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Neuron. 1997 Dec;19(6):1285-96.

Knockout of the vesicular monoamine transporter 2 gene results in neonatal death and supersensitivity to cocaine and amphetamine.

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Howard Hughes Medical Institute Laboratories, Department of Cell Biology, Duke University Medical Center, Durham, North Carolina 27710, USA.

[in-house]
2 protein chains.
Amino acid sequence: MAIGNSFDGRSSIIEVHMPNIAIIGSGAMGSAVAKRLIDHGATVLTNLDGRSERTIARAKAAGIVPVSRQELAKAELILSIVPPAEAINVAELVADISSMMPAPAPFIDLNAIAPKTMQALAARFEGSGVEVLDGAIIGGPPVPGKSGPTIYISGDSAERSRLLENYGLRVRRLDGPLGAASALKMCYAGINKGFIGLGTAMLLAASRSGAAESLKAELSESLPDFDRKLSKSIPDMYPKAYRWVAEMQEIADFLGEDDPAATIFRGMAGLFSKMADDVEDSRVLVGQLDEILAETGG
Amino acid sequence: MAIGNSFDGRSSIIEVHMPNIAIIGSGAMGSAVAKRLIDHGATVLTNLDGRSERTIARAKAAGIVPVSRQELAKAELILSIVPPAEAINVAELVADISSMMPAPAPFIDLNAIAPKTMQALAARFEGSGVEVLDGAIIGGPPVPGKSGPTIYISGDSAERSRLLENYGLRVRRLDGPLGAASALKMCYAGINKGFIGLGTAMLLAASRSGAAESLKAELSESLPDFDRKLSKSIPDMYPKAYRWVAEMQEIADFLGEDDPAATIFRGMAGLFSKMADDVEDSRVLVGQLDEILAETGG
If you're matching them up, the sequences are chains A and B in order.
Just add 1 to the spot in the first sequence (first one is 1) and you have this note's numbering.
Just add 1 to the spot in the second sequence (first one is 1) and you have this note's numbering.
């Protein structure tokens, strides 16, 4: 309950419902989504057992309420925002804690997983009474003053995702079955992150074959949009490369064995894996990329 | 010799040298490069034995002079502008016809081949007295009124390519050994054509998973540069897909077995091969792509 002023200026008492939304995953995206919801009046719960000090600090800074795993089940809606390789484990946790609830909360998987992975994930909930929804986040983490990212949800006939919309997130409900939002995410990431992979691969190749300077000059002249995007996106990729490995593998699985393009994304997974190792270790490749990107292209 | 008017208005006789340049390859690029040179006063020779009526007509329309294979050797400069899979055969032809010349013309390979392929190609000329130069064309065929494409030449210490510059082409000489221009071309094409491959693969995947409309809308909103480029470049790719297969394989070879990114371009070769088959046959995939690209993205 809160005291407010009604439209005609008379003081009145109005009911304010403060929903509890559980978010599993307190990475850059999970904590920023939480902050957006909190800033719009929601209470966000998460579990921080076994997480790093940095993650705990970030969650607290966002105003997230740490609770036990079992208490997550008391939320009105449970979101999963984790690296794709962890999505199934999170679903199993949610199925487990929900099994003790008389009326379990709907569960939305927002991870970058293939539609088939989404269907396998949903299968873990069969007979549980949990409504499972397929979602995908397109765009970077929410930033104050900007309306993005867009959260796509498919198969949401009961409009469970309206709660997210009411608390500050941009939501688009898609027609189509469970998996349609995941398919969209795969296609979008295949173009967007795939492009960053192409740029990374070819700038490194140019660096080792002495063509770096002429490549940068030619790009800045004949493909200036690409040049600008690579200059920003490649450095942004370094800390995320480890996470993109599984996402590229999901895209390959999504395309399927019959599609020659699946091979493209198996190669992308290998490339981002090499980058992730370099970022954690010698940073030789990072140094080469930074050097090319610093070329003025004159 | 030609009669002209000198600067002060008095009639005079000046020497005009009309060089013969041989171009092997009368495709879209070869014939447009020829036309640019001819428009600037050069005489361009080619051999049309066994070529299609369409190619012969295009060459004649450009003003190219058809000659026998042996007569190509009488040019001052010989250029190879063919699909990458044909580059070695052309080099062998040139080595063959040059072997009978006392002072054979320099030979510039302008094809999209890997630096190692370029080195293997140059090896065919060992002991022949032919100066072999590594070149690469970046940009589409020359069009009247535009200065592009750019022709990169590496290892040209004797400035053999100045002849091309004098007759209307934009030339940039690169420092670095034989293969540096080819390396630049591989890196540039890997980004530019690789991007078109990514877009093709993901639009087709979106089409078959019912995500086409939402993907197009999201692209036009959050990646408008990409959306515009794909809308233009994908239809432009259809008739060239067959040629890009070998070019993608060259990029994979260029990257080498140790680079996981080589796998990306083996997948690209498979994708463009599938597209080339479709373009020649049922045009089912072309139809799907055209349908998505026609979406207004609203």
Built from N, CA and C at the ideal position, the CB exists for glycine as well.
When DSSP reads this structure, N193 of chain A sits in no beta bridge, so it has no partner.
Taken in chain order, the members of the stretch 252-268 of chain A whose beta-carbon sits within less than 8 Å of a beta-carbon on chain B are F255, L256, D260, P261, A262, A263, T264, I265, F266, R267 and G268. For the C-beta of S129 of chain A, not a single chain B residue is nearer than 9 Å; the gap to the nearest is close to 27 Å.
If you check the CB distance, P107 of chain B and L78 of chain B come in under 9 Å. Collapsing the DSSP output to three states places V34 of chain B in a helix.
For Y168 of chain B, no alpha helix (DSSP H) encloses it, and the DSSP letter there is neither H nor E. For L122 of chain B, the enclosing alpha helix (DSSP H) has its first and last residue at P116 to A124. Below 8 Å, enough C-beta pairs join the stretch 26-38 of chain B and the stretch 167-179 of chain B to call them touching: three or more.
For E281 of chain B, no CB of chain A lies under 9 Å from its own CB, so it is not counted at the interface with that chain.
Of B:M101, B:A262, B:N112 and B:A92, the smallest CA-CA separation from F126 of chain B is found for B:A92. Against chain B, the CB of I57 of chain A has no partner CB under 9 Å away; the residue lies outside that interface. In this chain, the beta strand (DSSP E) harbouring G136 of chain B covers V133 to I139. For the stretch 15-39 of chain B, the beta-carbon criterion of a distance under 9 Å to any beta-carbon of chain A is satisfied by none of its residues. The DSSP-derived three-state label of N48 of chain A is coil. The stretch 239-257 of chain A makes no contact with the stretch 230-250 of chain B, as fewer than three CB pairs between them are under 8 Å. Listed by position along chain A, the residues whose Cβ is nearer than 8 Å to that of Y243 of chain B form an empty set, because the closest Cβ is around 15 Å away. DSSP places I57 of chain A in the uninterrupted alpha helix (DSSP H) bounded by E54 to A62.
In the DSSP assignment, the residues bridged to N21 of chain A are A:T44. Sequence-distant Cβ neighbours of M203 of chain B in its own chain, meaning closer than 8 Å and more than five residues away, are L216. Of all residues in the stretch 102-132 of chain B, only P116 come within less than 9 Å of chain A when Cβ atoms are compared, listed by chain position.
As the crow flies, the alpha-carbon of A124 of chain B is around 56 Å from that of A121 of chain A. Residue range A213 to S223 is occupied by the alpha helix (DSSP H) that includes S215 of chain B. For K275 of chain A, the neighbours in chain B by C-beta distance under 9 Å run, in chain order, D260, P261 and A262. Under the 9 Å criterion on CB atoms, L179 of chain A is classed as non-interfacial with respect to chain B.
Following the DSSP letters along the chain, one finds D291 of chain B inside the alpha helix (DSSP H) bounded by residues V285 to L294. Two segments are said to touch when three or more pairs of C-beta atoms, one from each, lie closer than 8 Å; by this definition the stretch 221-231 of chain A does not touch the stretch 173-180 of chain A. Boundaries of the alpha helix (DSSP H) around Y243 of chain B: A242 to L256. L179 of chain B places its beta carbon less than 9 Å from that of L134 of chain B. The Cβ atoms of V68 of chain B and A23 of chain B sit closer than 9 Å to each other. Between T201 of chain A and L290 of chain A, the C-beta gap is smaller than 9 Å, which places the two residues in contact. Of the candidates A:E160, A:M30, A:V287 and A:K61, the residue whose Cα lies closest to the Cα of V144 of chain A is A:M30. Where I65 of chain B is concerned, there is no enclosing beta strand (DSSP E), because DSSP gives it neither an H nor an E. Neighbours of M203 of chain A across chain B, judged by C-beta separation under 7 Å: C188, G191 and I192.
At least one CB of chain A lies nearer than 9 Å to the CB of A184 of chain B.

Vesicular monoamine transporters are known to transport monoamines from the cytoplasm into secretory vesicles. We have used homologous recombination to generate mutant mice lacking the vesicular monoamine transporter 2 (VMAT2), the predominant form expressed in the brain. Newborn homozygotes die within a few days after birth, manifesting severely impaired monoamine storage and vesicular release. In heterozygous adult mice, extracellular striatal dopamine levels, as well as K+- and amphetamine-evoked dopamine release, are diminished. The observed changes in presynaptic homeostasis are accompanied by a pronounced supersensitivity of the mice to the locomotor effects of the dopamine agonist apomorphine, the psychostimulants cocaine and amphetamine, and ethanol. Importantly, VMAT2 heterozygous mice do not develop further sensitization to repeated cocaine administration. These observations stress the importance of VMAT2 in the maintenance of presynaptic function and suggest that these mice may provide an animal model for delineating the mechanisms of vesicular release, monoamine function, and postsynaptic sensitization associated with drug abuse.

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